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Vioxx Class Action Defense Cases–Sinclair v. Merck: New Jersey Supreme Court Holds Class Action Seeking Medical Monitoring For Use Of Vioxx Properly Dismissed By Trial Court Because Class Action Plaintiffs Did Not Allege Harm

Class Action’s Failure to Allege Manifest Injury Precludes Medical Monitoring Remedy Sought in Products Liability Class Action based on Use of Vioxx New Jersey Supreme Court Holds

Plaintiffs filed a products liability class action against Merck in New Jersey state court arising out of the use of the prescription drug Vioxx; the class action complaint sought to “recover the costs of medical monitoring despite [plaintiffs’] failure to allege a physical injury.” Sinclair v. Merck & Co., Inc., ___ A.2d ___ (N.J. June 4, 2008) [Slip Opn., at 2]. Defense attorneys moved to dismiss the class action, and the trial court granted the motion “reasoning that medical monitoring is an uncommon remedy that should not be applied to plaintiffs who did not allege any manifest injury.” Id. The appellate court reversed, reinstating the class action and remanding the litigation for discovery. Id. (Our article summarizing that appellate opinion may be found here.) The New Jersey Supreme Court reversed, holding that New Jersey’s Products Liability Act (PLA) “does not include the remedy of medical monitoring when no manifest injury is alleged” and holding further that the PLA is “the sole source of remedy” for the class action’s products liability claim so New Jersey’s Consumer Fraud Act (CFA) “does not provide an alternative remedy.” Id., at 3.

The history of Vioxx is well known and has been recounted in numerous news reports, court opinions and articles by this author. Suffice it to say that Merck voluntarily withdrew Vioxx from the market after the FDA concluded that use of Vioxx increased the risk of heart attacks and strokes. See Sinclair, at 3-4. Dozens of class action lawsuits followed, including the Sinclair class action, which alleged claims for negligence, violations of the PLA and CFA, breach of express and implied warranties, and unjust enrichment, on behalf of individuals “who may suffer from serious silent or latent injury for which they may require medical monitoring.” Id., at 4. Plaintiffs amended the class action complaint in March 2005 to seek as damages “the cost of diagnostic testing designed to determine whether [class members] have suffered unrecognized or serious latent injury as a result of their direct exposure to Vioxx” and “a court-administered screening program to provide medical diagnostic tests for each member of the proposed class and follow-up with an epidemiologist.” Id., at 4-5. The trial court granted Merck’s motion to dismiss the class action in its entirety, reasoning in part that while medical monitoring has been authorized in asbestos cases it has not been approved in “pure products liability action where the PLA applies,” and that only economic damages are recoverable under the CFA so medical monitoring is not authorized under that statute. Id., at 6. The appellate court reversed, concluding that the record required further development through discovery in order to determine whether “harm” under the PLA exists, id., at 6-7.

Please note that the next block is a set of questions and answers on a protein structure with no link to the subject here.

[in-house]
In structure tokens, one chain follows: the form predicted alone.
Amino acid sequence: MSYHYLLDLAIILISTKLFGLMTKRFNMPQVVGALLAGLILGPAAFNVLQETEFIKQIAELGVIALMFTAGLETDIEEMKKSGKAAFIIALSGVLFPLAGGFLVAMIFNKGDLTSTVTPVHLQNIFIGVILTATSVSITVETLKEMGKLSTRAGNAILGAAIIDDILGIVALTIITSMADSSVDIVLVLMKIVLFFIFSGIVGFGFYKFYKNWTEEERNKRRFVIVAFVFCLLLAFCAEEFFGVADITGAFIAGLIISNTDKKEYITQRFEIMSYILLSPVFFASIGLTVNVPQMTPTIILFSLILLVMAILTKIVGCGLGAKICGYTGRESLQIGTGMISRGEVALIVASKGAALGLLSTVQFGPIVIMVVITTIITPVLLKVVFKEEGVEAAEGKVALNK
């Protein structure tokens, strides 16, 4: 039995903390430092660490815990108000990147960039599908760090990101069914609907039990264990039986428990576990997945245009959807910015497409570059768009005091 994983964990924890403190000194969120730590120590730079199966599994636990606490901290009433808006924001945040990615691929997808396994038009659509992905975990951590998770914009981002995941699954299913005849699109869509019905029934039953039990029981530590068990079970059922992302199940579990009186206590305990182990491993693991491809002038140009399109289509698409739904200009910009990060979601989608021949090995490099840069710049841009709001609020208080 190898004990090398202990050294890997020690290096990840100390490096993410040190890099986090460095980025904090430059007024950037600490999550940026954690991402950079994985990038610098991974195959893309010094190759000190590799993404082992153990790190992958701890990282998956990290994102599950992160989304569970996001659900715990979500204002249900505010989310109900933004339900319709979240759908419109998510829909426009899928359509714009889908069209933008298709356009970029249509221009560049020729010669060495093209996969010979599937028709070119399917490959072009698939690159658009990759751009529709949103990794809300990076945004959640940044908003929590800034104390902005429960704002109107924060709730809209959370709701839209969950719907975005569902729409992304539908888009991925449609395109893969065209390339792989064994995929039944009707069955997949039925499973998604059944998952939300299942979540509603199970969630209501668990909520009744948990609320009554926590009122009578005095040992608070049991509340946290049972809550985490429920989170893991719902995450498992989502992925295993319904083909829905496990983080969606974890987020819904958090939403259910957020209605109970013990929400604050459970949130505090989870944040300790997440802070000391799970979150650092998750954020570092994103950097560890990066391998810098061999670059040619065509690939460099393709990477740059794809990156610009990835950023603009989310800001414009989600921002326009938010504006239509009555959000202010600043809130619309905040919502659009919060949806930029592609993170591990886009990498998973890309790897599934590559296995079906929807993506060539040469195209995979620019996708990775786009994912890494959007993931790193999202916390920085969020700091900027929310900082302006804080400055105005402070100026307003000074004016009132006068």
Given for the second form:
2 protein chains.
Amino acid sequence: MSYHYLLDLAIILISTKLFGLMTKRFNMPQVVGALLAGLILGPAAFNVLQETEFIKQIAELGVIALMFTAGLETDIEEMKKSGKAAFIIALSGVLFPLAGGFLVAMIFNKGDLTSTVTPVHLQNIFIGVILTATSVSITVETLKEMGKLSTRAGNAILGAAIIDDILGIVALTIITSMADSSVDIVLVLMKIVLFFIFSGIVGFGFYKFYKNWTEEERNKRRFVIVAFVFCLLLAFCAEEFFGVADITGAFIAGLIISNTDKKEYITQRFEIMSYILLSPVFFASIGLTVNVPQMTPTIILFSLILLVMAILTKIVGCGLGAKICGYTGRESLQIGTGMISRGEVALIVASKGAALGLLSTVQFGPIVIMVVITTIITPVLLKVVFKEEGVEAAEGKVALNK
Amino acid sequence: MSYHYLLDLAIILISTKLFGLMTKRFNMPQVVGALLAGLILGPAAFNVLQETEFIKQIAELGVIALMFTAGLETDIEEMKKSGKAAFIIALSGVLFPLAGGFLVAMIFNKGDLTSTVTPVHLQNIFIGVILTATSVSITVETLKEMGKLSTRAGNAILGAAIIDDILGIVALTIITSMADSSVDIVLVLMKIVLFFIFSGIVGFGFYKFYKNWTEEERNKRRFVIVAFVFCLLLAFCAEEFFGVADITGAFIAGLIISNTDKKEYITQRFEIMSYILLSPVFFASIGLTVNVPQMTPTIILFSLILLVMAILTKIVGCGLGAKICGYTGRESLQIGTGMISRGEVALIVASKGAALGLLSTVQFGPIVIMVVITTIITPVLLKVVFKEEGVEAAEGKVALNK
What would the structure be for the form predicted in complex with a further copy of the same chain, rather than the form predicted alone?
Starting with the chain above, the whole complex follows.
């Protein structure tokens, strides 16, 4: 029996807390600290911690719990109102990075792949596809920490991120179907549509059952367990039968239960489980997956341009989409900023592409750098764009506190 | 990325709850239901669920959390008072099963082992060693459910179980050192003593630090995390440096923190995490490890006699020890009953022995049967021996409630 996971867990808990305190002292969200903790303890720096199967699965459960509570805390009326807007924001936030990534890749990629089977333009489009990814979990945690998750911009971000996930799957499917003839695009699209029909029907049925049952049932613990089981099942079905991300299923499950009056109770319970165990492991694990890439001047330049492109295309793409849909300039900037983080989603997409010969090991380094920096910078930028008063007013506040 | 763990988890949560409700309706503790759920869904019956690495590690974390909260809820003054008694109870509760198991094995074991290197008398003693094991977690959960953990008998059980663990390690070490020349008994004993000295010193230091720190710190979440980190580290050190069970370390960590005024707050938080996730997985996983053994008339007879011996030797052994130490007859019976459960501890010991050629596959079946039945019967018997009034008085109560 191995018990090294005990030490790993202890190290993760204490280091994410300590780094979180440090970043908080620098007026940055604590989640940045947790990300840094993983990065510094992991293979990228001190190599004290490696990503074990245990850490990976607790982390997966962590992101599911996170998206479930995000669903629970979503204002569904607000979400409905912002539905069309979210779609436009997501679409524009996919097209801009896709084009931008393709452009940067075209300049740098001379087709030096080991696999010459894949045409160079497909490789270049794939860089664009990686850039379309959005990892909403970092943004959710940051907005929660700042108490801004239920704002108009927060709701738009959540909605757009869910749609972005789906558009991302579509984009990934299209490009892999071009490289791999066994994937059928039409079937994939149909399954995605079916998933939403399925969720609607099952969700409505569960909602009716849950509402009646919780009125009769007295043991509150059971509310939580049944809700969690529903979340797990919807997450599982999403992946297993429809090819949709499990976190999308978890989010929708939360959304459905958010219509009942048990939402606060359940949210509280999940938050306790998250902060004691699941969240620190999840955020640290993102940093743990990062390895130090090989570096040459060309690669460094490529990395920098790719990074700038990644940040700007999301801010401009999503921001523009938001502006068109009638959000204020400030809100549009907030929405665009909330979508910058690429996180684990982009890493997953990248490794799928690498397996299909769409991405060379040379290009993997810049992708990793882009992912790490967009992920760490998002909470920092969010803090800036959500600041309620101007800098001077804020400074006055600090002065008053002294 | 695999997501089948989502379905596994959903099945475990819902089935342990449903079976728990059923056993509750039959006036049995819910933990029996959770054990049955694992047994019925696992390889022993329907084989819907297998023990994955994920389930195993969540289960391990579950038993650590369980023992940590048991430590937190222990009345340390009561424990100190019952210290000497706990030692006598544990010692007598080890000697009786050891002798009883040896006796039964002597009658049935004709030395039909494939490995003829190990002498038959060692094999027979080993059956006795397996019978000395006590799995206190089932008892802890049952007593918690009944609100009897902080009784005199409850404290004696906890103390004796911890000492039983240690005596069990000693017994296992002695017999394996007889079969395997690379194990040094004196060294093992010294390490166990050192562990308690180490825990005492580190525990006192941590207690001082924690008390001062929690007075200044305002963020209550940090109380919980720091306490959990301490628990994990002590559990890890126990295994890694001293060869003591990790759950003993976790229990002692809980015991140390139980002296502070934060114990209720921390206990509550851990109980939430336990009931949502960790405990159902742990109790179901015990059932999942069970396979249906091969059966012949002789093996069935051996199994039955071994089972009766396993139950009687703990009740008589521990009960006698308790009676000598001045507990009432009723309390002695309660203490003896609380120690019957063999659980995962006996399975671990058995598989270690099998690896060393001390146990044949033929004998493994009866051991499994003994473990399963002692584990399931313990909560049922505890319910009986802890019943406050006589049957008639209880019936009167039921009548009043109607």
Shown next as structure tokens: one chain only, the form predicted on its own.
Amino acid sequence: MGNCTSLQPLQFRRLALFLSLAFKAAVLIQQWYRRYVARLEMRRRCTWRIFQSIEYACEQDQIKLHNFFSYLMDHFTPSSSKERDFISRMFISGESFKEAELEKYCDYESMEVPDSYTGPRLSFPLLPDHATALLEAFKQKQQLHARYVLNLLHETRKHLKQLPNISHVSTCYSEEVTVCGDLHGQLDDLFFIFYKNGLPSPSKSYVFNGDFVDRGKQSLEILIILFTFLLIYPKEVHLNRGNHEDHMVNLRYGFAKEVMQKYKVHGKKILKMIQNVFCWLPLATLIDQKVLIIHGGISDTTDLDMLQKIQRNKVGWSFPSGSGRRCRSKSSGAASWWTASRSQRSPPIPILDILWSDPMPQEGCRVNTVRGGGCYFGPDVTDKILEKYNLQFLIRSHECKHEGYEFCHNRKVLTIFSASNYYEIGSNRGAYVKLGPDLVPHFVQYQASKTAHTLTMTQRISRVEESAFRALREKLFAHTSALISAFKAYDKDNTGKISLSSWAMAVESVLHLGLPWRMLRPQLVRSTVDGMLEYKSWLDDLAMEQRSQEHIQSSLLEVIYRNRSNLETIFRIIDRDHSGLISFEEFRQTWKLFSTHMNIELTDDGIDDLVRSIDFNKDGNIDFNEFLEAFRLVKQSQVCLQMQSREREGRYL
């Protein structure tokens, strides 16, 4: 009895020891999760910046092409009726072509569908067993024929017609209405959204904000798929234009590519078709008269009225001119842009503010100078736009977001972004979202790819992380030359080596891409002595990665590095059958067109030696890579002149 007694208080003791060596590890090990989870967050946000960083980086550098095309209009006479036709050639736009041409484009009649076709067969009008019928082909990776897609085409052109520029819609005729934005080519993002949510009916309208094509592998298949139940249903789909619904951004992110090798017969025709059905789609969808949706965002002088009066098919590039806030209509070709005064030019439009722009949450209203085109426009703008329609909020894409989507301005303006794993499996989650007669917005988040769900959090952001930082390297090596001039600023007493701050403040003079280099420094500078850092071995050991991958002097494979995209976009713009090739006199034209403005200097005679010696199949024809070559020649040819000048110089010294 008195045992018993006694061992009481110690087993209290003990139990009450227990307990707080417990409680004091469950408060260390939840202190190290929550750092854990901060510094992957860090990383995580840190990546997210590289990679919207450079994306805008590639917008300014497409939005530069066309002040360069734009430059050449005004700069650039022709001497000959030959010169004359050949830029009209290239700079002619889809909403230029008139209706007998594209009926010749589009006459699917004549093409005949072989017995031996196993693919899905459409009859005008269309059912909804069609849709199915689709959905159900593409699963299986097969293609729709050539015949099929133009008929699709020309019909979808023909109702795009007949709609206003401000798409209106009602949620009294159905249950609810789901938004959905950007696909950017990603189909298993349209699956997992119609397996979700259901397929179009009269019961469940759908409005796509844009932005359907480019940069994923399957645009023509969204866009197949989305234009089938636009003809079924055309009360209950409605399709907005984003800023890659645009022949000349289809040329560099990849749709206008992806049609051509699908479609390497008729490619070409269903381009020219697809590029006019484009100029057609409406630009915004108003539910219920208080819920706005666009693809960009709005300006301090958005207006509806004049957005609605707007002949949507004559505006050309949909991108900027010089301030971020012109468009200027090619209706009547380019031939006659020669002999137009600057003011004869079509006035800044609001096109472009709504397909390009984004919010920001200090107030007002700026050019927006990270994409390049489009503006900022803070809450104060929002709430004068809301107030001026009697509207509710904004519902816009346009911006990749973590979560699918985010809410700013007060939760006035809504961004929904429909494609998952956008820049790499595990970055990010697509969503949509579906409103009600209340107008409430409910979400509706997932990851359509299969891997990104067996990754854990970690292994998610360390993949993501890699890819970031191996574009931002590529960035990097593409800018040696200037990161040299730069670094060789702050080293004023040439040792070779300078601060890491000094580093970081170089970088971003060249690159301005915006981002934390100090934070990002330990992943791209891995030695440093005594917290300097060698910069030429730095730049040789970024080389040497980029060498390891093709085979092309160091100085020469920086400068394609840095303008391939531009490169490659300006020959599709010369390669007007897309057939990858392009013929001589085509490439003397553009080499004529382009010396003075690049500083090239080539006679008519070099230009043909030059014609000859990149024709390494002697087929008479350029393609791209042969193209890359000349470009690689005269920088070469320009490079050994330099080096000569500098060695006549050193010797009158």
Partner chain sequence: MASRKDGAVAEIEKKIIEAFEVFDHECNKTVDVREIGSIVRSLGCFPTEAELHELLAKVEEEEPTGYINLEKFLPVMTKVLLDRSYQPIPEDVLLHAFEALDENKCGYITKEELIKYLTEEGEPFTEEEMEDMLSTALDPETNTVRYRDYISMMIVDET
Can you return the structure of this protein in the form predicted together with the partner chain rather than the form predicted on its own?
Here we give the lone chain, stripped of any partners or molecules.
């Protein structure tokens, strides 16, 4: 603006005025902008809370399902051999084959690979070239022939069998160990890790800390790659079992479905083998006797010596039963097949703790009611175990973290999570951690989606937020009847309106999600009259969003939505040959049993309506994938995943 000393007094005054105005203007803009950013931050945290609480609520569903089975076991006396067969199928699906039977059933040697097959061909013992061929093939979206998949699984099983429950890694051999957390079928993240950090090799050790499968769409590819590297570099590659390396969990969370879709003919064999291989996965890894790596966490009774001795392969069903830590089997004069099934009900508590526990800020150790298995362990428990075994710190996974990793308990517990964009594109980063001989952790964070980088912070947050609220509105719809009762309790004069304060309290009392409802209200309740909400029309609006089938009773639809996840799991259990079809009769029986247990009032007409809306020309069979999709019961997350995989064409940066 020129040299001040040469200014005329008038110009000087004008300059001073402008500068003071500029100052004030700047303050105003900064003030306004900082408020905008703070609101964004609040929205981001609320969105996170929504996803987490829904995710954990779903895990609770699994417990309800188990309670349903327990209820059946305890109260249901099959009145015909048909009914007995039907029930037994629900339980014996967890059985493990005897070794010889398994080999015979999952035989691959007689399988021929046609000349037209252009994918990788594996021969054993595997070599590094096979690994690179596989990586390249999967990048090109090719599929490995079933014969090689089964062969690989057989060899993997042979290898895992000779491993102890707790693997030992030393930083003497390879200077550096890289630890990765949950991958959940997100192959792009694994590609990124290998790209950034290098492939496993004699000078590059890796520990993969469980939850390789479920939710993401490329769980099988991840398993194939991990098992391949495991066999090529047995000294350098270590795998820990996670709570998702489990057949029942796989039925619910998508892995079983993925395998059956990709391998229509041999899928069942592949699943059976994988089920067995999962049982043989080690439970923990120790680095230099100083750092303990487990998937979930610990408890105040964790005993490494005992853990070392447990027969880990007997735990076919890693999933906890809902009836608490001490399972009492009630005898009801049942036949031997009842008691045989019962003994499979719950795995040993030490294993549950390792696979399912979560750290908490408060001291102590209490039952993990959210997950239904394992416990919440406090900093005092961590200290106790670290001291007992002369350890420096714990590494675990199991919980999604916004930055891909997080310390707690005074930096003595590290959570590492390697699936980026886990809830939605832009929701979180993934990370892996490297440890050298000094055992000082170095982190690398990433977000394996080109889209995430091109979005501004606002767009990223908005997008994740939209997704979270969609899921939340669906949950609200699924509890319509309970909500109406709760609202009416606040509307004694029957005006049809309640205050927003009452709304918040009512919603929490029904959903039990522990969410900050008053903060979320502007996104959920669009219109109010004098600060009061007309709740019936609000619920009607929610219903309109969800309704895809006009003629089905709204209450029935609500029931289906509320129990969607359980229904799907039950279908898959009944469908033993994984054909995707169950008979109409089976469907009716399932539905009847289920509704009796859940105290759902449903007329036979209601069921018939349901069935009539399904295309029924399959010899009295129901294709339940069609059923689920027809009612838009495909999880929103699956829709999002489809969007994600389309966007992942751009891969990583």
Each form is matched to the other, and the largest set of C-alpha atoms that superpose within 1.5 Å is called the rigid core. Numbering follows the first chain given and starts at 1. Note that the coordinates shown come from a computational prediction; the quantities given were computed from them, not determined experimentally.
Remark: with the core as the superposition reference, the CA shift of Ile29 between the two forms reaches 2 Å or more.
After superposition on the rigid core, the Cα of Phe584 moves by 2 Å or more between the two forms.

The Supreme Court reversed. Defense attorneys argued that because plaintiffs had not suffered any injury from the use of Vioxx, the class action claims failed as a matter of law. Sinclair, at 7. After reviewing the “limited authority for medical monitoring,” see id., at 9-13, the Court held that the PLA “require[s] a physical injury,” id., at 16. Because the class action complaint did not allege that plaintiffs suffered physical injury, id., at 17, the Supreme Court held that “plaintiffs cannot satisfy the definition of harm to state a product liability claim under the PLA, [and] plaintiffs’ claim for medical monitoring damages must fail.” Id., at 18. The Court also agreed with the trial court that the CFA could not provide an alternative remedy because New Jersey’s Legislature “expressly provided in the PLA that claims for ‘harm caused by a product’ are governed by the PLA ‘irrespective of the theory underlying the claim.’” Id. (citation omitted). Accordingly, the class action’s CFA claim is barred because it falls within the scope of the PLA. Id., at 19.

Download PDF file of Sinclair v. Merck & Co.